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January 15, 2008

Follow up on the Taiwan Legislative election

This is a follow up of my coverage and predictions of a KMT win in Taiwan's 2008 elections

The legislative result has left analysts predicting the Guomindang will re-take the presidency in March elections and steer Taiwan closer to mainland China.

Taiwan President Chen Shui-bian has taken full responsibility for the weekend's loss and has also resigned as chairman of the Democratic Progressive Party (DPP). President Chen Shui-bian's Democratic Progressive Party won only 27 seats in Taiwan's new 113 seat assembly.

The KMT has promised closer ties to China will boost Taiwan's economy. The DPP is warning that the Opposition will sell out Taiwan's interests to China, but most voters clearly do not seem to believe that.

5 comments:

kurt9 said...

Chen shui bian's party lost the election because he is corrupt. The Kuomintang also has a history of corruption, but has cleaned itself up somewhat. It remains to be seen if the Kuomintang has learned the lesson about corruption.

Taiwan and China are economically integrated these days. Everyone I know in Taiwan does their manufacturing in China, mainly in Shanghai area and Zhejiang province. There are about 700,000 people from Taiwan living in China, mostly in the Shanghai area.

bw said...

There is a difference between the direction that the two parties would take Taiwan

An estimated one million Taiwanese, or 4.3 percent of the island's population, are either working or living in China, according to the Mainland Affairs Council, which handles cross-strait civilian affairs.

For Chen's government, the further expansion of economic ties with the mainland and the island's massive investments there are not tolerable.

"Taiwan has invested too much, rather than too little, in China," Chen, who also serves as DPP chairman, said in his New Year's Day address.

But KMT presidential candidate Ma Ying-jeou has said he would allow Chinese tourists to visit Taiwan and reinstate direct transportation, commerce and postal services cut off when the two split in 1949 at the end of a civil war.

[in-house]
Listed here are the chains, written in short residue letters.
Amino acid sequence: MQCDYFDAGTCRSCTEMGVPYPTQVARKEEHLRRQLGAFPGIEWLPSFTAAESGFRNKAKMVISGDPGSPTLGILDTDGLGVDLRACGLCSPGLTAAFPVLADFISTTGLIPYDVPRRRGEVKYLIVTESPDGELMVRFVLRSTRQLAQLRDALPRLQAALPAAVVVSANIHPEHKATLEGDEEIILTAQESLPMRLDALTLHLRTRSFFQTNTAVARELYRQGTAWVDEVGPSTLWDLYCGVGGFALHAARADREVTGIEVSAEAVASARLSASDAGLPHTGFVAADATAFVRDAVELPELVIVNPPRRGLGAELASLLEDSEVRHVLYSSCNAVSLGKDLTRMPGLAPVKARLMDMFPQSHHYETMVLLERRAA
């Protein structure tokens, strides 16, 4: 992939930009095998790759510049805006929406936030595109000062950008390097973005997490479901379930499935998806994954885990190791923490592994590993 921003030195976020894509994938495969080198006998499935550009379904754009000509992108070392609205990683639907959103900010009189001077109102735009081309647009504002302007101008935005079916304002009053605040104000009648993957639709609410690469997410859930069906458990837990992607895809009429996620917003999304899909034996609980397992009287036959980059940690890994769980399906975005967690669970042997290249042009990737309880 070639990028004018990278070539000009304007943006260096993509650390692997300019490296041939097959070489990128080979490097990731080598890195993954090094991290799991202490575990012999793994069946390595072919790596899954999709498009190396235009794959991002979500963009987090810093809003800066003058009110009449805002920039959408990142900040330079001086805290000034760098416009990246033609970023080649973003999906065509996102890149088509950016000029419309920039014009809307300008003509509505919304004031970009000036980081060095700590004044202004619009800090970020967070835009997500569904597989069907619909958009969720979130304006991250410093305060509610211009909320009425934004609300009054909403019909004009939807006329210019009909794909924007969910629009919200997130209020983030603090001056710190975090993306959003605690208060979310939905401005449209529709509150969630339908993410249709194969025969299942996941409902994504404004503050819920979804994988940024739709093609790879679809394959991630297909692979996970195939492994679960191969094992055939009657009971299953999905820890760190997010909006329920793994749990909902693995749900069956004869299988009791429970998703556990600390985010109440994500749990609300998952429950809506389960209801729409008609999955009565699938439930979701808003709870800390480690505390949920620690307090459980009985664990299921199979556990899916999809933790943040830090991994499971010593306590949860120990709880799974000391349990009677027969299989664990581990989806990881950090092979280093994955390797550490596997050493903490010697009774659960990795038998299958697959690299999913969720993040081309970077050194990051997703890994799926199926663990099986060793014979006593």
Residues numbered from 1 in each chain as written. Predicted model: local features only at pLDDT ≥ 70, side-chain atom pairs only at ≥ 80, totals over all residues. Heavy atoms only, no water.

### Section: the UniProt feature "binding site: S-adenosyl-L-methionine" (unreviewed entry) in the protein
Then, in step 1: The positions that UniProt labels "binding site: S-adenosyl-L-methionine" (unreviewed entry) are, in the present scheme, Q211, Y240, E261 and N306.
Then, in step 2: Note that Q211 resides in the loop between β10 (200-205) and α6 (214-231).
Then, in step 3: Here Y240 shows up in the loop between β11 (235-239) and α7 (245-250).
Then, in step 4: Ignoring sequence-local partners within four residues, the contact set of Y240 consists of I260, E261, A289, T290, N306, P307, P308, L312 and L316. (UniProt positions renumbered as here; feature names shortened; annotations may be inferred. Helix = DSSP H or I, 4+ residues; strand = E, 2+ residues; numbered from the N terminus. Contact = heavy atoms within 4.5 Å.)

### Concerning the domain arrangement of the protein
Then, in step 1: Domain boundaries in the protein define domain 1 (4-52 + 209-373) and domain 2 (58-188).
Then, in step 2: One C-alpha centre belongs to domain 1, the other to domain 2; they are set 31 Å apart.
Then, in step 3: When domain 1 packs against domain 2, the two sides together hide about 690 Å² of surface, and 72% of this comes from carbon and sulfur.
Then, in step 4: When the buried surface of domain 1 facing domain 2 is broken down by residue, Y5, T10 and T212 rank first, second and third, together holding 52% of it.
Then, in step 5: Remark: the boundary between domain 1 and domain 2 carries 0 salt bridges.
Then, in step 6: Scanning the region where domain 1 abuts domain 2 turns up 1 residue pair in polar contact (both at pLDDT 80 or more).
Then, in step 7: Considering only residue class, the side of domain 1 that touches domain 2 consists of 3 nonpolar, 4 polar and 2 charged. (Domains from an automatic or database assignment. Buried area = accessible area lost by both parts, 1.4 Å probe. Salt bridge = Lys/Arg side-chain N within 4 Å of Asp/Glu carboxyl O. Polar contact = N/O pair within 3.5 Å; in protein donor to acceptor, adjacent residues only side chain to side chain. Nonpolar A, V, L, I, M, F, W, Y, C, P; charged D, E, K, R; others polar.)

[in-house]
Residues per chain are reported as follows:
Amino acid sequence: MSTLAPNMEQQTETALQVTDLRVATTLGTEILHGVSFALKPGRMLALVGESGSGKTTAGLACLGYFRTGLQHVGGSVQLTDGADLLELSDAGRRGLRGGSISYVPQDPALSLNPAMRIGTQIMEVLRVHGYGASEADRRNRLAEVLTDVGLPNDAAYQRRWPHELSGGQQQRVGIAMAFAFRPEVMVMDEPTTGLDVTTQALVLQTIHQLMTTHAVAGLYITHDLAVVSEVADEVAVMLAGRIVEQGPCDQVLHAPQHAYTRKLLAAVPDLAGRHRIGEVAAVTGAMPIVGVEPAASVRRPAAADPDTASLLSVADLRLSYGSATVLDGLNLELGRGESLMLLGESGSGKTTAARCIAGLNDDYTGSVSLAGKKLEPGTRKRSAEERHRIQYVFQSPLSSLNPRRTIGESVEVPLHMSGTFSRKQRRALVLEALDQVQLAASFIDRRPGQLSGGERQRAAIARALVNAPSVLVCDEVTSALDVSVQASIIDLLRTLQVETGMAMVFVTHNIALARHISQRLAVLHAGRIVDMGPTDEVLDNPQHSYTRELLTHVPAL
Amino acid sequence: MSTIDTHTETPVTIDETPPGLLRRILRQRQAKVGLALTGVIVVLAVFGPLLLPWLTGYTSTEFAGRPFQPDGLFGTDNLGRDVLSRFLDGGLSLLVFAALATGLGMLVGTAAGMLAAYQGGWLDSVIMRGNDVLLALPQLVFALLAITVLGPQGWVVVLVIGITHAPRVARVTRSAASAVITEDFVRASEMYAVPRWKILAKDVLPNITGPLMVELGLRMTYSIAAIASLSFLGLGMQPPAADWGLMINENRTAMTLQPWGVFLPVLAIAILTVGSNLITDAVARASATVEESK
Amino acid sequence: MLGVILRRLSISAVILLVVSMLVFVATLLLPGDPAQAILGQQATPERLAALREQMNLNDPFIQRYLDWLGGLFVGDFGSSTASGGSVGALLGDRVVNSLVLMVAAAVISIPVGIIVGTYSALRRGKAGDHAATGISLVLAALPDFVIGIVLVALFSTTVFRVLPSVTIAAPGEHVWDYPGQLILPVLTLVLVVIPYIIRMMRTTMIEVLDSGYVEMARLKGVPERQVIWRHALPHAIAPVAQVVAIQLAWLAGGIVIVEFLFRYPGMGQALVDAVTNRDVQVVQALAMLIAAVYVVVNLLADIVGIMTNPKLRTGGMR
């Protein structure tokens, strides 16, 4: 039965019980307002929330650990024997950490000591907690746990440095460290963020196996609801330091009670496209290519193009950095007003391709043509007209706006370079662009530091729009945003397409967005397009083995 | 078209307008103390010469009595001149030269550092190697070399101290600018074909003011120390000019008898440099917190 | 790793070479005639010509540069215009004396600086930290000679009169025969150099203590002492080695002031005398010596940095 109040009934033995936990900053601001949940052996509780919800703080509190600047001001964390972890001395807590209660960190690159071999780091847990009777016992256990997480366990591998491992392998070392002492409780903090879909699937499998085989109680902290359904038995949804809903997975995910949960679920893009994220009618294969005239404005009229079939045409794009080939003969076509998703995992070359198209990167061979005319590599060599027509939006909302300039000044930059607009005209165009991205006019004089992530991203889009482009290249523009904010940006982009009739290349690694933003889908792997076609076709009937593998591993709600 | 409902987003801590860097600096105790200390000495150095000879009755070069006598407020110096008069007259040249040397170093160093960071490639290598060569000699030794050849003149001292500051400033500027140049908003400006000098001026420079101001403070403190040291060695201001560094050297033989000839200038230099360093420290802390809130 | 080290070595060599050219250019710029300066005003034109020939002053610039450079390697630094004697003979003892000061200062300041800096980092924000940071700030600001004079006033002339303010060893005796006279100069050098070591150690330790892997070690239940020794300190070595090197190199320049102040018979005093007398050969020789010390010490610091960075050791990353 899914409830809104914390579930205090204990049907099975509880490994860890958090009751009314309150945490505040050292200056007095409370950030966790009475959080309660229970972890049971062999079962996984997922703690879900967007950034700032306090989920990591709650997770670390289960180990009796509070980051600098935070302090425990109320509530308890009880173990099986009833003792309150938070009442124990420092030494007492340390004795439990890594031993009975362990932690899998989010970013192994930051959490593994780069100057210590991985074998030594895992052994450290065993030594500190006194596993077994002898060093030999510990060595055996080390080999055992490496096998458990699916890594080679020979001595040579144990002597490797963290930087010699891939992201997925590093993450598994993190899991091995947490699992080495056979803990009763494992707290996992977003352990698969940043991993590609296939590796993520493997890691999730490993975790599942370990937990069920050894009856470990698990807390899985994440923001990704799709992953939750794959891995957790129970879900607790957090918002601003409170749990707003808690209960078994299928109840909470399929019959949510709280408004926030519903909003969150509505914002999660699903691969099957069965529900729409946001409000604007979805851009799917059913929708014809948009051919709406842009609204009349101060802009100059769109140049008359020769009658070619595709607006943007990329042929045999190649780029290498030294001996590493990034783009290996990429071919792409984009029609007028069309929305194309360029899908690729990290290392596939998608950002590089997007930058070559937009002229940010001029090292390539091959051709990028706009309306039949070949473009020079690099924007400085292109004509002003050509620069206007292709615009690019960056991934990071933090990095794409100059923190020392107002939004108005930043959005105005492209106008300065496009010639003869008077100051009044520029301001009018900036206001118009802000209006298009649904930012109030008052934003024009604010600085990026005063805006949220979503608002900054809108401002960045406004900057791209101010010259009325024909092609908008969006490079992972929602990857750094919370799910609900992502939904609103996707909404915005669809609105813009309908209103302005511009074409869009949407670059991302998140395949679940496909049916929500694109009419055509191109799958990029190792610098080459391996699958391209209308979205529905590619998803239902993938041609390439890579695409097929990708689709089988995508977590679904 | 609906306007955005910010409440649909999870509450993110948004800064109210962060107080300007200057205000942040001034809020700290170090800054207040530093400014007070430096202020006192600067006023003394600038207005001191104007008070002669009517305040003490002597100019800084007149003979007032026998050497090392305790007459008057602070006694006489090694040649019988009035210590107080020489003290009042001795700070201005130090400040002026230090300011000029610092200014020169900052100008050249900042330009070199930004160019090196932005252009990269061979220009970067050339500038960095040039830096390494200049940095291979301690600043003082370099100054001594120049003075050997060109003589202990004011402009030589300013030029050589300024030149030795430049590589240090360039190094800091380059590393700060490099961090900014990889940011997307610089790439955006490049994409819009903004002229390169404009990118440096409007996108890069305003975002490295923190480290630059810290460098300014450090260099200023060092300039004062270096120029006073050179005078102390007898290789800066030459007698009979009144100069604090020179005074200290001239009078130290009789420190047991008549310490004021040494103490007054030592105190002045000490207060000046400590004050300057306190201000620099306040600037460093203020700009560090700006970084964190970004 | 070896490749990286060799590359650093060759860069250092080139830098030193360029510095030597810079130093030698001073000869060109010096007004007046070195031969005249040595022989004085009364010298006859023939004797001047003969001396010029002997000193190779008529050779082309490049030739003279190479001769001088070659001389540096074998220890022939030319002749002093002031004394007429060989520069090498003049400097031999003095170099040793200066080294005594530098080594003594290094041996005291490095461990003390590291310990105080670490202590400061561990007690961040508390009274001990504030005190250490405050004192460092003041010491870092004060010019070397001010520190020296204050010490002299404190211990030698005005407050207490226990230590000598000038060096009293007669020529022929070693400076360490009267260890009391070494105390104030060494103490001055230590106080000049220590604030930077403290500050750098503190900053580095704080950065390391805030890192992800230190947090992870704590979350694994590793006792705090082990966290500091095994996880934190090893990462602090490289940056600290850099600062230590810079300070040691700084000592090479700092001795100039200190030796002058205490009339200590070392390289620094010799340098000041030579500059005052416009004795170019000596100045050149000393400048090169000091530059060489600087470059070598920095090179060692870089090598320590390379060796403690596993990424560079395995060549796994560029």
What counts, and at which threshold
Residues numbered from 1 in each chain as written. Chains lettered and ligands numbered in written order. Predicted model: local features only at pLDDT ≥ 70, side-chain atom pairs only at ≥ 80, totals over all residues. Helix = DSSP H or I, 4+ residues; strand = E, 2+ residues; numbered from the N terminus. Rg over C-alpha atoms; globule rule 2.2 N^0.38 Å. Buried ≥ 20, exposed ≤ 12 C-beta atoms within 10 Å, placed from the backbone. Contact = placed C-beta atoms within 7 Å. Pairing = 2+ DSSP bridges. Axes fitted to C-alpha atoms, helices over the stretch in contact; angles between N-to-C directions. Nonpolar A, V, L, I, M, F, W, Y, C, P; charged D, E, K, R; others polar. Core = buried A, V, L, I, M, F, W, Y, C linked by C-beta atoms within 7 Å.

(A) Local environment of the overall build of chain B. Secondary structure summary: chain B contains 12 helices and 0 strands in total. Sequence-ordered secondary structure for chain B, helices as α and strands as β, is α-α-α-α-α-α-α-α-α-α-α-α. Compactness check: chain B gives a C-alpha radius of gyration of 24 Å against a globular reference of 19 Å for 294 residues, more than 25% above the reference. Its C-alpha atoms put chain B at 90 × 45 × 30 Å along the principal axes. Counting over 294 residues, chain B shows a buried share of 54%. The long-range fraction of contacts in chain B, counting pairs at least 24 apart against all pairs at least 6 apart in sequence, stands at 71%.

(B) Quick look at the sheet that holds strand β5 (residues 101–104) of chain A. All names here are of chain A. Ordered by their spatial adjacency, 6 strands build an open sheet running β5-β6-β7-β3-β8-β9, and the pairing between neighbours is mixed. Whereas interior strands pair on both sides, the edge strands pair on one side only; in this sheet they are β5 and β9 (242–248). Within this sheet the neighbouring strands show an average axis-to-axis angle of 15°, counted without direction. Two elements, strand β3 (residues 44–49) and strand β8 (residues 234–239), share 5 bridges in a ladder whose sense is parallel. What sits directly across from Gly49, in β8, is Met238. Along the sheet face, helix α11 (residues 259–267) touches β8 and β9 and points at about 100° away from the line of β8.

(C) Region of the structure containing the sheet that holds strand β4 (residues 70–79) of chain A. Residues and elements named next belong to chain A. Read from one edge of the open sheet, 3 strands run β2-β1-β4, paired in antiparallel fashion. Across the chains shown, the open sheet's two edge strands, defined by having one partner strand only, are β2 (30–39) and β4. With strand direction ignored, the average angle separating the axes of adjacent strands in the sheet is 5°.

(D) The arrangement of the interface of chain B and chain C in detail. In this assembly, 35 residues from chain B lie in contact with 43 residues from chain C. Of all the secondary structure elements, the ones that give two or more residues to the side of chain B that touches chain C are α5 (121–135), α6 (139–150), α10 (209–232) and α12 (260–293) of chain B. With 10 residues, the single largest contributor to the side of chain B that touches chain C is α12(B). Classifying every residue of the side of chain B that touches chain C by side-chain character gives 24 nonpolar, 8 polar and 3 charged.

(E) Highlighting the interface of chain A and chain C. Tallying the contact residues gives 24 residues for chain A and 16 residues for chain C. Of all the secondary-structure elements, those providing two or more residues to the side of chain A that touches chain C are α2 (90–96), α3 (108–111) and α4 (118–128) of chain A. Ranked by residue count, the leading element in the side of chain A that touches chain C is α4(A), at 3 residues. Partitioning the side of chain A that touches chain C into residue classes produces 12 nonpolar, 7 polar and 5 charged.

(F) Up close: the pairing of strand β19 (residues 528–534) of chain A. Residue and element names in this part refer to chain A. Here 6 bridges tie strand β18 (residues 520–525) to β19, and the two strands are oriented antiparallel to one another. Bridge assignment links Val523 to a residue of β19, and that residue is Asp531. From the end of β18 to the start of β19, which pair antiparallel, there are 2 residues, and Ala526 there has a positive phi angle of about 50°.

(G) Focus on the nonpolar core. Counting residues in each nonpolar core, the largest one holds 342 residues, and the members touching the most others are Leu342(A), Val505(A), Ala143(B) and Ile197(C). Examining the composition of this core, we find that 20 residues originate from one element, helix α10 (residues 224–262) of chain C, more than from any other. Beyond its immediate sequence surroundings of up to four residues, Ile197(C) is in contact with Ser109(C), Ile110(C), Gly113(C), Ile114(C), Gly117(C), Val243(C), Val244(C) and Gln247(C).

The reopening of the direct links, seen as a way to widen investment opportunities, would be "the most useful remedy" for the island's ailing economy, says Christina Liu, a finance professor at National Taiwan University.

"Without the direct links, multinational firms would not invest here because otherwise, they would be restricted in running their businesses in the Greater China area," said Liu.

Cargo and passenger services currently exist but they are made through third-party sites, mainly Hong Kong.


China and Taiwan should be as tightly linked as China and hong Kong. The relationship should be as frictionless as between EU countries.

Michael Turton said...

Kurt9 has no idea what he is talking about. The outcome of the election had nothing to do with election rhetoric (the KMT is far more corrupt than the DPP) but with structural features of Taiwan's voting patterns.

The DPP took a beating because (1) the new winner take all districts negated DPP votes (2) gerrymandering of the districts to favor the KMT (3) inability to overcome its structural ceiling of votes in the legislative elections -- 3.4, 3.4 and 3.6 million in the last three elections. Last time around it was helped by the fact that 600K KMT voters stayed home and the PFP poached votes from the KMT. This time the KMT swallowed PFP and reached its previous ceiling, 5 million votes. I have a very extensive analysis of this on my popular Taiwan blog. Fundamentally, the KMT's superior ability to mobilize its voters for local elections, and the DPP's lack of strong machine presence at the local level, coupled with the new voting system, means things are likely to stay this way.


China and Taiwan should be as tightly linked as China and hong Kong. The relationship should be as frictionless as between EU countries.

No reason it couldn't be, except for China's desire to annex Taiwan, an island it has never owned.

Michael

bw said...

Michael

Read your article and the analysis makes sense. The popular vote difference and absorption of the PFP then affirms that Ma will win the presidential election in March 22, 2008.

al fin said...

Agree with Michael that the CCP's openly voracious appetite for annexing Taiwan will overshadow efforts to more closely integrate the economies of the two countries.

This one election more likely reflects the issues Michael discussed in his linked article, than any wish of the Taiwanese to merge with the mainland.